Marine Corps to pay $200,000 to 2 young women
who say recruiters sexually assaulted them
By Associated Press
Friday, June 8, 2007 - Updated: 11:47 AM
FRANCISCO - The Marine Corps agreed Thursday to revamp its
recruiting practices in Northern California and pay $200,000 to
two young women who claimed they were raped during a slumber
party at a Ukiah recruiting office.
The women were in high school, 17 years old, and interested in
joining the military in late 2004 when they claimed the two
recruiters, Sgts. Joseph Dunzweiler and Brian Fukushima, raped
them. Both recruiters were demoted after court-martial
proceedings but were acquitted of the most serious charges.
The unusual settlement, signed Thursday by a federal judge in
San Francisco, requires notices to be posted at recruiting
stations throughout the region advising potential recruits how
to reach a confidential advocate if they feel a recruiter has
behaved inappropriately, and explaining that young women have
the right to work with a female recruiter. The settlement also
requires female supervision at slumber parties with female
An Associated Press
investigation published last year found that
across all military services, one out of 200
frontline recruiters _ the ones who deal
directly with young people _ was disciplined for
sexual misconduct in 2005. In response, the
Defense Department announced last summer it
would closely monitor military recruiters and
their commanders and consider a policy change.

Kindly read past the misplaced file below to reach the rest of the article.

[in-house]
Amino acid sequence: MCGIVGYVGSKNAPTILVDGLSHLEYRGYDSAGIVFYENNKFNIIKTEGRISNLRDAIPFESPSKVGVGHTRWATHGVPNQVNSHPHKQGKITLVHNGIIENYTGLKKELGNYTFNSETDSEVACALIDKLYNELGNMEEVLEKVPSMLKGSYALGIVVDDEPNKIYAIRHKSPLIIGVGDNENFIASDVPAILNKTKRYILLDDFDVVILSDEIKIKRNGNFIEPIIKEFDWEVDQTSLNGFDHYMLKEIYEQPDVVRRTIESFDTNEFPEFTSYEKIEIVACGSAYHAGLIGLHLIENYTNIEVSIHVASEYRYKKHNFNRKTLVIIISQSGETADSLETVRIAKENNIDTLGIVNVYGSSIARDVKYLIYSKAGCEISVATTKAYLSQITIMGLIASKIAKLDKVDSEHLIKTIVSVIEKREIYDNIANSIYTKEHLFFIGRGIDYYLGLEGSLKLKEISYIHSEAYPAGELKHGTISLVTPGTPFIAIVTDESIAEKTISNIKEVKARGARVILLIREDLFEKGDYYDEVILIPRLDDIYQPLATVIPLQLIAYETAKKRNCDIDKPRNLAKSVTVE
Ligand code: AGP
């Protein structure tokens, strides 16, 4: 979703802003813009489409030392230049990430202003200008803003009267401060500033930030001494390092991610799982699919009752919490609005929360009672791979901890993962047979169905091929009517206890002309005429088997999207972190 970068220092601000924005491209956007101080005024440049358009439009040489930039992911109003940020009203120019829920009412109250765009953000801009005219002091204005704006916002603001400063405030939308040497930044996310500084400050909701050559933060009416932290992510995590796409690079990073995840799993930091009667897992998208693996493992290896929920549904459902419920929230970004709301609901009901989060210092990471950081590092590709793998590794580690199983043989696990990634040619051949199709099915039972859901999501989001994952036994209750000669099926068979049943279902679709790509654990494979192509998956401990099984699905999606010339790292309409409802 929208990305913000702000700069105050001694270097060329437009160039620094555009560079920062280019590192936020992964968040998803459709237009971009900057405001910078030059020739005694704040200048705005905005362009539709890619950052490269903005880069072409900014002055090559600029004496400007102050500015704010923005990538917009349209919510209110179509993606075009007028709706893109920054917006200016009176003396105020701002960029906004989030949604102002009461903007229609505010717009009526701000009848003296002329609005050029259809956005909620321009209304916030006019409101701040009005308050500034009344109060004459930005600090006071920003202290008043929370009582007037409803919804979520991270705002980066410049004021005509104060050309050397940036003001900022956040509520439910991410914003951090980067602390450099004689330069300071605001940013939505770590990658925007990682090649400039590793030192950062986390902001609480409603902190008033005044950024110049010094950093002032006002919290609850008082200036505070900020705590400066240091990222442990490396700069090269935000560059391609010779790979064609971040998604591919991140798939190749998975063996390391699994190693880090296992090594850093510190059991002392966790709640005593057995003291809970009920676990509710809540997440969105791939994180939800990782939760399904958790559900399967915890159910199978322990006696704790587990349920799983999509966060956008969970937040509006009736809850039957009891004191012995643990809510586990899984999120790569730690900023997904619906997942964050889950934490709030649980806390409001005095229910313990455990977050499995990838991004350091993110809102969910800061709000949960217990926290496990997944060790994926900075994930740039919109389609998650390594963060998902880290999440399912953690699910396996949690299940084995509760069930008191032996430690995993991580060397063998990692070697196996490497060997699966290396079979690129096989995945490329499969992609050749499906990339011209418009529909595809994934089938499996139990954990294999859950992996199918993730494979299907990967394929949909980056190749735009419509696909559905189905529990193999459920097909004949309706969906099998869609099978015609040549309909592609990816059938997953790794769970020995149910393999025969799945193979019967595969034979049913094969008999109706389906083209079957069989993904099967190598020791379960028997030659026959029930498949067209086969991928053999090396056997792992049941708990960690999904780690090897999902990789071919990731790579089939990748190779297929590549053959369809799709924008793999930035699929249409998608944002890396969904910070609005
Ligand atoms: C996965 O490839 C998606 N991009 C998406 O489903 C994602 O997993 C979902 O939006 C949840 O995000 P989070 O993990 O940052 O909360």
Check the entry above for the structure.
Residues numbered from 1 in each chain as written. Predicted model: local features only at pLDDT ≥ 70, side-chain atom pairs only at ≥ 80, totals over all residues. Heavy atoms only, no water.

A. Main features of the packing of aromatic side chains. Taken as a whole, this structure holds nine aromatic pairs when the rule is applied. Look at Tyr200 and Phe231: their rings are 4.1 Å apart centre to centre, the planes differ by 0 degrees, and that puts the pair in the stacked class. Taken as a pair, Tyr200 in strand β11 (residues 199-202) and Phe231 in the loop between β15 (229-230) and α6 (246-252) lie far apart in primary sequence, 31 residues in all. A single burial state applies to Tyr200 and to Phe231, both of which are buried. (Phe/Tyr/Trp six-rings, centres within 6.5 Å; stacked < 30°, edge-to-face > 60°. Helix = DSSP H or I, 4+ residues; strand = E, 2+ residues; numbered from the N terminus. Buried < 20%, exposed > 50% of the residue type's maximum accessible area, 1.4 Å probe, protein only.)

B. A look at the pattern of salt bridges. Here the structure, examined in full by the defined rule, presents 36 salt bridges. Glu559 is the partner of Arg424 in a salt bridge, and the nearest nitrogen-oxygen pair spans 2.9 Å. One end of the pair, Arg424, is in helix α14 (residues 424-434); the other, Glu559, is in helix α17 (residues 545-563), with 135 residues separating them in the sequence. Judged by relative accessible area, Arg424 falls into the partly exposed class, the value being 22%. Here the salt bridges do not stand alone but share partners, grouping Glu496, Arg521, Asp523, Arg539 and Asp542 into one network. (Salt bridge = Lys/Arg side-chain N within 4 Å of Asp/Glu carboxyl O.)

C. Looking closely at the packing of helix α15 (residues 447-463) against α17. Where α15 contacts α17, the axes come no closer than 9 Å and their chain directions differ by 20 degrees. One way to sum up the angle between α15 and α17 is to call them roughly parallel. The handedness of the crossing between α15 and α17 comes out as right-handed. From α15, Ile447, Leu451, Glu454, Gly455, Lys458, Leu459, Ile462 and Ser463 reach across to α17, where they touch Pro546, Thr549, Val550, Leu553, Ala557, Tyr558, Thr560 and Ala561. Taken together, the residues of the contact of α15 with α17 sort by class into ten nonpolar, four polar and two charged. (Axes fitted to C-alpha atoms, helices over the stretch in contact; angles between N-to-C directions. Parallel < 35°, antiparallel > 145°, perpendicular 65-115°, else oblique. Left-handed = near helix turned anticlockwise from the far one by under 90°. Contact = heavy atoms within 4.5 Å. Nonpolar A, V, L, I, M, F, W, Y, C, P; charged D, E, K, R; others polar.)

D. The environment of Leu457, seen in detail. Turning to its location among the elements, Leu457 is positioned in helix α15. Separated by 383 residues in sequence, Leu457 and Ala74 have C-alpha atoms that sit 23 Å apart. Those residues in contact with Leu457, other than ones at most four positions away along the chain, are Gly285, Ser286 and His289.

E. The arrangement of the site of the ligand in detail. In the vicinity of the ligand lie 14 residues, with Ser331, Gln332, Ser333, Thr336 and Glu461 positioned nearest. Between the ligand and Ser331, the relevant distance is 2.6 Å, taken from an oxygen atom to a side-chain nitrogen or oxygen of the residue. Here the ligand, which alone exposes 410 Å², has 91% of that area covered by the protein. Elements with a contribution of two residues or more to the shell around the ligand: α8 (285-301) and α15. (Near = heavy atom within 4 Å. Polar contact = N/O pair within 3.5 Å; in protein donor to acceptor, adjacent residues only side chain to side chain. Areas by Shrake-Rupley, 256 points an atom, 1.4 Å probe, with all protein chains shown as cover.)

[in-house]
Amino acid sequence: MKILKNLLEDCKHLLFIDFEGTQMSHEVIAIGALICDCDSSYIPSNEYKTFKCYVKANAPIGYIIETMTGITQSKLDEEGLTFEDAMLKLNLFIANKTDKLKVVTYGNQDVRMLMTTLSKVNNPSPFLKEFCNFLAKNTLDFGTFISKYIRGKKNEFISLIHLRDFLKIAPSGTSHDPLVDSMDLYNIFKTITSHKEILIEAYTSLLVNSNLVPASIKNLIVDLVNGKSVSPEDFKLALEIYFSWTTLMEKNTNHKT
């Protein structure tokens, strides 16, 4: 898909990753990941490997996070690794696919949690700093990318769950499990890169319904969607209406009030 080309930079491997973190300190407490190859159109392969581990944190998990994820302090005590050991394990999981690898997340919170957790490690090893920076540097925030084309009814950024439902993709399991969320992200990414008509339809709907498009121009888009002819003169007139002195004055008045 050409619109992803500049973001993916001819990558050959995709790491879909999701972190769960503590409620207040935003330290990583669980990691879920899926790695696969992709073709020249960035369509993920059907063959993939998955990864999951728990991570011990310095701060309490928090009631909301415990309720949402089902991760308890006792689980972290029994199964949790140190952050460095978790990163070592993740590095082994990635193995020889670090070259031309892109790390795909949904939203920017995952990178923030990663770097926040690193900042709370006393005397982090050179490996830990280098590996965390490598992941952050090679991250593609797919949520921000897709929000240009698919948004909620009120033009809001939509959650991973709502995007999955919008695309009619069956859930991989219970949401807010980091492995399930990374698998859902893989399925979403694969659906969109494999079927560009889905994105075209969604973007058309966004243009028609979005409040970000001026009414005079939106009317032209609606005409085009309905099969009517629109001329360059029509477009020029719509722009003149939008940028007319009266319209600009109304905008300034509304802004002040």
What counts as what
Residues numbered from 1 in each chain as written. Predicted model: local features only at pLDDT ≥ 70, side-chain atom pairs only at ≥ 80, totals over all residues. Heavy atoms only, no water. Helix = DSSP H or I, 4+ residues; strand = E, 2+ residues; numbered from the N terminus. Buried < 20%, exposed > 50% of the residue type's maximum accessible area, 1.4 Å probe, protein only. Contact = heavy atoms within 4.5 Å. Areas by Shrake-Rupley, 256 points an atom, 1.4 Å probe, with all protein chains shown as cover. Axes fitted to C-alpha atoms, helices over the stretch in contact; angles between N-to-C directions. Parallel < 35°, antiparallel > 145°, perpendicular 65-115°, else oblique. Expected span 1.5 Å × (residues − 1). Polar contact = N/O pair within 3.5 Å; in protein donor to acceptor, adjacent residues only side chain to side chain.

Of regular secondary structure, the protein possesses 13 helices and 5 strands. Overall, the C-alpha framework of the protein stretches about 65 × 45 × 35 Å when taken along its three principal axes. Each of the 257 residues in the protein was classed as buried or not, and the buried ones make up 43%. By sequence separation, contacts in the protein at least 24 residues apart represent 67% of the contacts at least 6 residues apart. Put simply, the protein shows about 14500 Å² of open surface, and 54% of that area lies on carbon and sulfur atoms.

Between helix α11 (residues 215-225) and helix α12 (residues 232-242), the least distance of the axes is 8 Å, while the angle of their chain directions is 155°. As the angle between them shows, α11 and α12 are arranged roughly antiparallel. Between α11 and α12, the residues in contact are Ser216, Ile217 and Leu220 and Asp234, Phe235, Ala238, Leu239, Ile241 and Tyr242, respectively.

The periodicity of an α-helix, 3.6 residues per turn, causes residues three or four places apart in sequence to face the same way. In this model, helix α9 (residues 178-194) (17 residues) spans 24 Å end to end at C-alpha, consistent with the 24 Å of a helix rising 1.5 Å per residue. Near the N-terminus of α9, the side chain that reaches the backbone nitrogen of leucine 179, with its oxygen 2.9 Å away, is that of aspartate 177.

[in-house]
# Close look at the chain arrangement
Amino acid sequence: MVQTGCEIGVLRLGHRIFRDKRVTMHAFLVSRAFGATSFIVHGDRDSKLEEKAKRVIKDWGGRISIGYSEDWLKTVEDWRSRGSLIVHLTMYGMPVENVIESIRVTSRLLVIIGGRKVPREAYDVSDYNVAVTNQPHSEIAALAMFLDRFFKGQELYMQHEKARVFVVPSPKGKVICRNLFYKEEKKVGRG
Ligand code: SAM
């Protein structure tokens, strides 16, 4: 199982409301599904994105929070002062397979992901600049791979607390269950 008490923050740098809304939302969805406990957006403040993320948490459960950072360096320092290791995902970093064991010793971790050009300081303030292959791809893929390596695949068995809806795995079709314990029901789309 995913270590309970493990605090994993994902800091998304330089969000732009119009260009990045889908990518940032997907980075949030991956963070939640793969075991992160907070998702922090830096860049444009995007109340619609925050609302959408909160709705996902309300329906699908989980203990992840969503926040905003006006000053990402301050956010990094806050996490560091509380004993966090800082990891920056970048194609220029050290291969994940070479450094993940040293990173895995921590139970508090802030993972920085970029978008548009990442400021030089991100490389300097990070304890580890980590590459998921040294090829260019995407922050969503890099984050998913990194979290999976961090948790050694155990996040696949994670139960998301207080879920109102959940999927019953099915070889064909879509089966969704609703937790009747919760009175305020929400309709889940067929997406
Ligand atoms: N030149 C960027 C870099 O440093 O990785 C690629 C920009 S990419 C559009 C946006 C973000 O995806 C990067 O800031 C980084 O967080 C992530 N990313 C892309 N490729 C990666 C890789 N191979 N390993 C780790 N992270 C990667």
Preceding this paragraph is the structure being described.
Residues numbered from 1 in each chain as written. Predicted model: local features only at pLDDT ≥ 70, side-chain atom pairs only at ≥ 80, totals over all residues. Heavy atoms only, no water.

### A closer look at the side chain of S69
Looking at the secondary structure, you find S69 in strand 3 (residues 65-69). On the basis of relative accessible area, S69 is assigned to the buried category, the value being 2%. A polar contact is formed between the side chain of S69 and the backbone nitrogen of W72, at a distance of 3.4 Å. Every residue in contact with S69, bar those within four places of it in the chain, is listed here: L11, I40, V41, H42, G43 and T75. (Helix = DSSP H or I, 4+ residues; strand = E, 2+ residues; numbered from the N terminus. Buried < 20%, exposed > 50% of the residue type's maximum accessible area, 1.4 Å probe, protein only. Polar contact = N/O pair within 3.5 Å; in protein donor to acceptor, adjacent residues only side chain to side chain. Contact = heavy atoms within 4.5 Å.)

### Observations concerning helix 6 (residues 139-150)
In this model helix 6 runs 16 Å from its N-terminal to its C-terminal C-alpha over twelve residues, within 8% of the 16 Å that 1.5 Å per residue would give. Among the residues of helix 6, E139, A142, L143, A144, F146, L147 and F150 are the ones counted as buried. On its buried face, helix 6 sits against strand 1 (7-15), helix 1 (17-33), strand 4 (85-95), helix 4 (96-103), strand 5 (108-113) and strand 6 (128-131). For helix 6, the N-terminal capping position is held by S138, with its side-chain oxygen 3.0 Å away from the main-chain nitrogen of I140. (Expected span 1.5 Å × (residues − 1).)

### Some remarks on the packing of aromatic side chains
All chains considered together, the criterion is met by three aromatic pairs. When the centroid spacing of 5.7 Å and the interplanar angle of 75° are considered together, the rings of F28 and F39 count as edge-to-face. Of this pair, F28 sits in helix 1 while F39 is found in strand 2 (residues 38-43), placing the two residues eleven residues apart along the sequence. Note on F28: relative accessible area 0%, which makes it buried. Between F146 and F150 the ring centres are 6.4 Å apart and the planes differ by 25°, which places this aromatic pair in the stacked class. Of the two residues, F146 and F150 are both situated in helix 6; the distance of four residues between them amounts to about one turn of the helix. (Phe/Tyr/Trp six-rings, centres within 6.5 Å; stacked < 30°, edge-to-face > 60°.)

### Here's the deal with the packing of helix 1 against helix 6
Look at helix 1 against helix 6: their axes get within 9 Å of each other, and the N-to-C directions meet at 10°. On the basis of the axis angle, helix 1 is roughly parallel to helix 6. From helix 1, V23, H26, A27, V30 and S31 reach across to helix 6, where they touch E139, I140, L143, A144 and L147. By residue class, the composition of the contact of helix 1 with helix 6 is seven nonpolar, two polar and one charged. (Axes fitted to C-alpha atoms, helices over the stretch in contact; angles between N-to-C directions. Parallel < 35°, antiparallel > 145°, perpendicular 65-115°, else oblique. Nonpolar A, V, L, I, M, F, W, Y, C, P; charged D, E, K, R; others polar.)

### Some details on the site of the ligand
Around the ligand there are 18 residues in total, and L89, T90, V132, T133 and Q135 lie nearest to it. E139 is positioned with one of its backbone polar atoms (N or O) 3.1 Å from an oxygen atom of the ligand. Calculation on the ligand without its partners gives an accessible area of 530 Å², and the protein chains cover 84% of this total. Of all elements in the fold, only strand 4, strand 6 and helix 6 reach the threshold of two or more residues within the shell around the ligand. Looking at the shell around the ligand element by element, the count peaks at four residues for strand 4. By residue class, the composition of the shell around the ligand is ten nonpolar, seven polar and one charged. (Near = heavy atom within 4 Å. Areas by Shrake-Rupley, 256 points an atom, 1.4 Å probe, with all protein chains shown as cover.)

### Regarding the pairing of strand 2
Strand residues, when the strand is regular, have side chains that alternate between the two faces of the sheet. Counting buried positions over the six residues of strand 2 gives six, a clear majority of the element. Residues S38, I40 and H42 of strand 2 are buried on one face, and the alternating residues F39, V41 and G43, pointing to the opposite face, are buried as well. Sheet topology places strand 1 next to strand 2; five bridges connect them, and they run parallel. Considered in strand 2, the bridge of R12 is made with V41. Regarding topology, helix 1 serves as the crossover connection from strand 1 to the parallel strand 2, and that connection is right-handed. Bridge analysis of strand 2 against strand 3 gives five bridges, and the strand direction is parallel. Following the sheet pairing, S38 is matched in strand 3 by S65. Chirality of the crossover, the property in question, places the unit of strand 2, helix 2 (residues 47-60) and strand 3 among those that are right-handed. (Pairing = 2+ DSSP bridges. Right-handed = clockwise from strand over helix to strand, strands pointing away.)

Ukiah attorney Barry Vogel, who represented the
plaintiffs, said Thursday that although the
court settlement applies to Northern California,
"it sets a precedent nationwide."
"The Marine Corps will have the opportunity now
to show their good faith behind this settlement
and make this a nationwide practice. That will
test their mettle," he said.
Marine Corps officials declined to comment.
One of the young women told the AP last year
that they were drinking and playing cards at a
recruiting station slumber party when Fukushima
climbed into her sleeping bag on the floor of
the station and took off her pants. Two other
recruiters were having sex with two of her
friends in the same room, she said. The
Associated Press generally does not name victims
in sexual assault cases.
"Even though I think this is a bunch of hush
money and the Marines failed to acknowledge
their involvement, we encourage all other women
to join us and stand up and fight against this
kind of behavior in the military or anywhere
else," the woman, now a college student, told
the AP in an interview Thursday.
She said that she met Dunzweiler in late 2004,
and that he immediately began flirting with her,
asking her out and sending her e-mails about how
he wanted to "get her alone."
She said she believed Dunzweiler would prevent
her from joining the Marines if she didn’t have
sex with him. The other plaintiff said in court
documents that she was very drunk, had vomited
and could not resist Fukushima’s advances.
Dunzweiler, reached Thursday at a hotel where he
works, was surprised to hear of the settlement
and said he never agreed with the plaintiff’s
version of events.
"No, no, not at all," he said.
Vogel, and his co-counsel Michael Sorgen of San
Francisco, said their clients were adamant that
policy changes accompany the settlement.
"We’re very proud of our clients for the change
they made," Vogel said. "They are the
forerunners of this kind of change so that
hopefully other women will stand up and speak